Why Schools and Volunteer Groups Should Make Intergenerational Learning a Priority
Most young peoples’ perceptions of old age are shaped by two major influences - their grandparents and aging stigmas. That’s a narrow view of an endlessly diverse group of people. Connecting young and old is paramount to healthy aging and has the potential to change the way generations view each other for years to come.
The Demographic Shift and Aging Stigmas
There is no denying that our society is aging rapidly. For the first time in human history, people 65 and over will outnumber children under 5. In the US, approximately 1 out of every 7 people is over the age of 65. By 2040, that number is expect to grow to 1 out of every 5 people.
There's also no denying that a majority of us fall victim to aging stigmas, both in the way that we perceive others and how we perceive ourselves. If you’re over 30, you’ve most likely dreaded a milestone birthday or thought yourself too old to participate in a certain activity.
As the age wave ensues, people of all ages need to rethink their perception of getting old. It’s normal to want to look or feel younger, but we must fight the urge to discount ourselves or others strictly based on age. Intergenerational relationship building is key to facilitating this mindset; it serves both sides of the age spectrum. It truly is an ageism antidote!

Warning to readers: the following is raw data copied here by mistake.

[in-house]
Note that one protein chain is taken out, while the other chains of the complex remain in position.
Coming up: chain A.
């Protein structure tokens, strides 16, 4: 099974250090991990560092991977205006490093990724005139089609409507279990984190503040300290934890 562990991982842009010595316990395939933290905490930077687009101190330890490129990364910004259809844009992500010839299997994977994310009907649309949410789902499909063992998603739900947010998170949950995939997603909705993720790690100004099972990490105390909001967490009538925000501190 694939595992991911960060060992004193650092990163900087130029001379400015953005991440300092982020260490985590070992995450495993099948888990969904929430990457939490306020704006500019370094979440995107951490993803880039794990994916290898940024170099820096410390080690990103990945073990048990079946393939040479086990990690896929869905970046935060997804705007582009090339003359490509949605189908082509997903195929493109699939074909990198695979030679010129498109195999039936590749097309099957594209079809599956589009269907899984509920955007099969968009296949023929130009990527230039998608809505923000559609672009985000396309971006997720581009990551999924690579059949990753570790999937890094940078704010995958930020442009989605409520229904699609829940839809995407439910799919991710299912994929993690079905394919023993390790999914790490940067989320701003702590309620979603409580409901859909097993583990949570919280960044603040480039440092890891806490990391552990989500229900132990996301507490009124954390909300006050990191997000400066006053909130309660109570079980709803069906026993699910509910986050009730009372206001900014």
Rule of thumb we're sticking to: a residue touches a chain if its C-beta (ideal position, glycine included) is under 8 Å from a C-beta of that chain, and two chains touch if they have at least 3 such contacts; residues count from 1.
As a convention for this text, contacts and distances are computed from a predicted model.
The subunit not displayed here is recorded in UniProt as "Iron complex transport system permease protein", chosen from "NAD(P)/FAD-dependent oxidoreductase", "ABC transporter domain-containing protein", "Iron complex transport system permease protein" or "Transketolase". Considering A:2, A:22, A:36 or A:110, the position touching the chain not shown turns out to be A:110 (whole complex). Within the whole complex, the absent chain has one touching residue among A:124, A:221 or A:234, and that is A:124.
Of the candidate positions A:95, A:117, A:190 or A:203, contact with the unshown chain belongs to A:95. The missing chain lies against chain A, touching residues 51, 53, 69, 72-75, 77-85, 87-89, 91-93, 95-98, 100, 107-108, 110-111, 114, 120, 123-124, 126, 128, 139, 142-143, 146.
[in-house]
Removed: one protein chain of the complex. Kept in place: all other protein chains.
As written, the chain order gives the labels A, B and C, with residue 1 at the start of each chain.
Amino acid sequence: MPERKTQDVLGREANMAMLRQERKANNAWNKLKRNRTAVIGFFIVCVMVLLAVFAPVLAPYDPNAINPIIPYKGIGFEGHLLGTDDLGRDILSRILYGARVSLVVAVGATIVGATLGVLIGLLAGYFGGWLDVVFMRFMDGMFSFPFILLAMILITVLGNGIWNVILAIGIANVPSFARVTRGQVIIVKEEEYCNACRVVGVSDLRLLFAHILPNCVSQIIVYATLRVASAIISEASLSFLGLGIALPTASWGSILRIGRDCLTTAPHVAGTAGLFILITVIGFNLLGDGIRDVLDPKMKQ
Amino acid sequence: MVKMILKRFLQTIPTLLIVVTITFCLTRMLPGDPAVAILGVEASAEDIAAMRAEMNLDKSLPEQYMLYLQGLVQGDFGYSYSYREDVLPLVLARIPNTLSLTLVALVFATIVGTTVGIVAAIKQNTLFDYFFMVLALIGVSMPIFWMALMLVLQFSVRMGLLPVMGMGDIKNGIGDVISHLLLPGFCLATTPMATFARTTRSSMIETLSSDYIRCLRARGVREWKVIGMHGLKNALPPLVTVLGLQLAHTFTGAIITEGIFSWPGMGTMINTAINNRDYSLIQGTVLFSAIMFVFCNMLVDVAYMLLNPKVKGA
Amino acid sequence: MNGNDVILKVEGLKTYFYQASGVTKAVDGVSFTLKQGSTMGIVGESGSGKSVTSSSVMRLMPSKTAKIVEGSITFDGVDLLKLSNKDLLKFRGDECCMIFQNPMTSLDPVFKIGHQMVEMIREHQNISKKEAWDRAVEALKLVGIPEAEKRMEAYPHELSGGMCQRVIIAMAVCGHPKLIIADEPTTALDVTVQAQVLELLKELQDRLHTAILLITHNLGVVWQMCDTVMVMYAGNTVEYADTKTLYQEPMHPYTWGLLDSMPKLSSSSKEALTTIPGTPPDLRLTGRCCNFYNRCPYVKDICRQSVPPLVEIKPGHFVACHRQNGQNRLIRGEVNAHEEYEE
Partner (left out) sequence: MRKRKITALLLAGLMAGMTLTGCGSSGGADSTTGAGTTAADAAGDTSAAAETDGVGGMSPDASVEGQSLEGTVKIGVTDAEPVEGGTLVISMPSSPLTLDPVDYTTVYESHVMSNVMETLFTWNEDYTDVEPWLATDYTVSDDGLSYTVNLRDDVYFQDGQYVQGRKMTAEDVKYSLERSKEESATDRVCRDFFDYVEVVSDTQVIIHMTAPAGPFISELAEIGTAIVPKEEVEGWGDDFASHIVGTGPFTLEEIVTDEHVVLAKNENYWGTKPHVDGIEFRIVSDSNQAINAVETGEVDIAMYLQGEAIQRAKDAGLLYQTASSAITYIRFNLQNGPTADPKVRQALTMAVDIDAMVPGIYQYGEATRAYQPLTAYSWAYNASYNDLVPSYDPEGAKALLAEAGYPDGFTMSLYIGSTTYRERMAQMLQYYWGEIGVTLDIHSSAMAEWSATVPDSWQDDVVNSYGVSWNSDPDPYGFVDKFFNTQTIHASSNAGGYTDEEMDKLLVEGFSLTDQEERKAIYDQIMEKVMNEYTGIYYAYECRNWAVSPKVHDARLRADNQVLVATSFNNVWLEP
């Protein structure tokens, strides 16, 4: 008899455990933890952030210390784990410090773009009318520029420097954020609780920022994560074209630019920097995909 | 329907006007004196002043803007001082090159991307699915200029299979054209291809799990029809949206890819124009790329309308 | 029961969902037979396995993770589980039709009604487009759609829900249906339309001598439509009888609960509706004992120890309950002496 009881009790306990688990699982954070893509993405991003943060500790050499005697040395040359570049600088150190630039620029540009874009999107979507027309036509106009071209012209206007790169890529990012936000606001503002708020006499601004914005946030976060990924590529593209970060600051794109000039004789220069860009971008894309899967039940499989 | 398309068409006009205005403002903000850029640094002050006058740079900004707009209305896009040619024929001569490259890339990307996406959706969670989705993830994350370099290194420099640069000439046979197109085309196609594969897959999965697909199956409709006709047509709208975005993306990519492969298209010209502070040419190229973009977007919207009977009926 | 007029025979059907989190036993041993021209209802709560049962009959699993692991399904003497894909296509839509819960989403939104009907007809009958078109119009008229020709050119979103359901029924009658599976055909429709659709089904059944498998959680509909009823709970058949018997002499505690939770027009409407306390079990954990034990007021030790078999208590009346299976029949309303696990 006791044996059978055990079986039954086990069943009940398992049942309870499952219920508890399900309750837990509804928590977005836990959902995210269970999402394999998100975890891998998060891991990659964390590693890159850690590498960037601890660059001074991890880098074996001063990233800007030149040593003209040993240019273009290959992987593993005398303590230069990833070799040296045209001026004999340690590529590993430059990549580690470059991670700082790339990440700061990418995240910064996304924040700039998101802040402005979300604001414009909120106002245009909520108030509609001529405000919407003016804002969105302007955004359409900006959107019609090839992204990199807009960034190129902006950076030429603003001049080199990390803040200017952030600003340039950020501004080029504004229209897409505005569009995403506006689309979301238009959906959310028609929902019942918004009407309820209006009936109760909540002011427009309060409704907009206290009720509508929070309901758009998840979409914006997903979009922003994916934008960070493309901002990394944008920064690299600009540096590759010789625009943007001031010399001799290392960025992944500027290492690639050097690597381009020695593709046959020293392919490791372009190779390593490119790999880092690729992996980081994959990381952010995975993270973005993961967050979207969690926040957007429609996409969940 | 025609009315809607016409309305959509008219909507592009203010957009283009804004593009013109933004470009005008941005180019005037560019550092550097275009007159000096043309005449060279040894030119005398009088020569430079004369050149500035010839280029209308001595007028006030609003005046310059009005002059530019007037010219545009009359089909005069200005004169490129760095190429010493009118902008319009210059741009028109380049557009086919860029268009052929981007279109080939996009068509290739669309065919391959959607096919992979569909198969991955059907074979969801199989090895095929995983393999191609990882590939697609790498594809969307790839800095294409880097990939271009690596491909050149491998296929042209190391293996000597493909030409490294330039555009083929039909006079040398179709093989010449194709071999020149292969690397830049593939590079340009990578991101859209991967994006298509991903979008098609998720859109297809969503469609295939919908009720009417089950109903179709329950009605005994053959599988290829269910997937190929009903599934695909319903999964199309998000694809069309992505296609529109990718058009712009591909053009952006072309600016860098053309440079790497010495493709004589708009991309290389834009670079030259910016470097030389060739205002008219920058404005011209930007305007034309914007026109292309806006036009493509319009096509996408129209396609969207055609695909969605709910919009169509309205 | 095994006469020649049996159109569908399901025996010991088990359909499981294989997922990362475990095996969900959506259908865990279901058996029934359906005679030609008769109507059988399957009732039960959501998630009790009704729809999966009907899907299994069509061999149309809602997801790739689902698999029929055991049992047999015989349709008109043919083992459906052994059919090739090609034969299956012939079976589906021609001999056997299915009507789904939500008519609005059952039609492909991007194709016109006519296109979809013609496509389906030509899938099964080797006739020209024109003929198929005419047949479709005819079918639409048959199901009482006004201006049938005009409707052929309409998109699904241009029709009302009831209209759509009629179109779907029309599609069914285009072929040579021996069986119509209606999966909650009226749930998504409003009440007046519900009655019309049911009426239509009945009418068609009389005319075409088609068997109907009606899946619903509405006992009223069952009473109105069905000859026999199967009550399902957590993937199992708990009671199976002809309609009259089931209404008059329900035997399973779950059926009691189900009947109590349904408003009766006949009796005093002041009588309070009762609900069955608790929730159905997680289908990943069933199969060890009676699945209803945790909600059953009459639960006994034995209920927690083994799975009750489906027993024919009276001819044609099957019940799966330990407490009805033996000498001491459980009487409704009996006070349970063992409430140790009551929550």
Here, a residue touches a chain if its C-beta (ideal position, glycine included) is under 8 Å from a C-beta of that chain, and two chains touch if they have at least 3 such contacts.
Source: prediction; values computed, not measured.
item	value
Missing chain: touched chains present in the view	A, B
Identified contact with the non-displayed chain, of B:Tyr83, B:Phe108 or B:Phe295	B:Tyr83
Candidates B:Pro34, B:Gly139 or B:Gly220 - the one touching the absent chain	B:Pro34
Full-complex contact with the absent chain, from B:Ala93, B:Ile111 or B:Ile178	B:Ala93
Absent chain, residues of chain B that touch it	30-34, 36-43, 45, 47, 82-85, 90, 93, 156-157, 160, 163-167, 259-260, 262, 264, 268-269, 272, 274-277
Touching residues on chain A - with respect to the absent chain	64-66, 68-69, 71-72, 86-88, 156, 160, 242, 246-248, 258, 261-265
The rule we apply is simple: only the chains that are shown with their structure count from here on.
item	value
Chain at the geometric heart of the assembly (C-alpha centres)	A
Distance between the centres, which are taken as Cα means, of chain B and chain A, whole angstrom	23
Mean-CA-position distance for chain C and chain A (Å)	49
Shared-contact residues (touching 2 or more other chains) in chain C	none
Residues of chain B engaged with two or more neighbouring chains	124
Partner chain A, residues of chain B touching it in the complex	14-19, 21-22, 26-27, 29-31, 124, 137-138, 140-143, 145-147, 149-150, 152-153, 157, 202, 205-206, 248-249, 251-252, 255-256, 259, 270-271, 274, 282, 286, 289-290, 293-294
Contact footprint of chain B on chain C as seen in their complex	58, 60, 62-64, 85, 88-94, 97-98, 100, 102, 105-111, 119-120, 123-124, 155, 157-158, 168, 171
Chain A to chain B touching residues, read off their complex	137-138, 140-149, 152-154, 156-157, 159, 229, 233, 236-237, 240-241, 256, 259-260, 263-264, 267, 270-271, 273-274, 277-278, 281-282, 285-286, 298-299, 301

Overcoming Challenges to Establish Sustainable Community Partnerships
Coordinating intergenerational programs is no small task. Students and volunteers have limited availability amongst classes and extracurriculars. Most groups of older adults also have unpredictable schedules filled with social outings, family engagements and medical appointments. That is not to mention the challenges of creating programming, hosting participants and providing transportation.
Sustainable intergenerational partnerships often require drawing together a wide range of resources. For example, in York, PA, our team is part of an ongoing partnership with a local college and senior center. It is noteworthy for a key reason; it is a partnership between university education, public and private sectors.
Professor Mary Ligon, Chair of Behavioral Sciences Department and Associate Professor at York College of Pennsylvania, includes intergenerational learning in course curriculum for gerontology students. Every semester a new group of students must spend time mentoring local seniors on using technology. They are graded on individual and group communication skills.
The White Rose Senior Center hosts the intergenerational training. Lisa Krout, the Senior Center manager, recruits new participants each semester, reserves a room for training and provides background information on participants to the York College students. Our team develops programming and provides devices for anyone that does not own their own smartphone or tablet.
The Obvious and Not So Obvious Benefits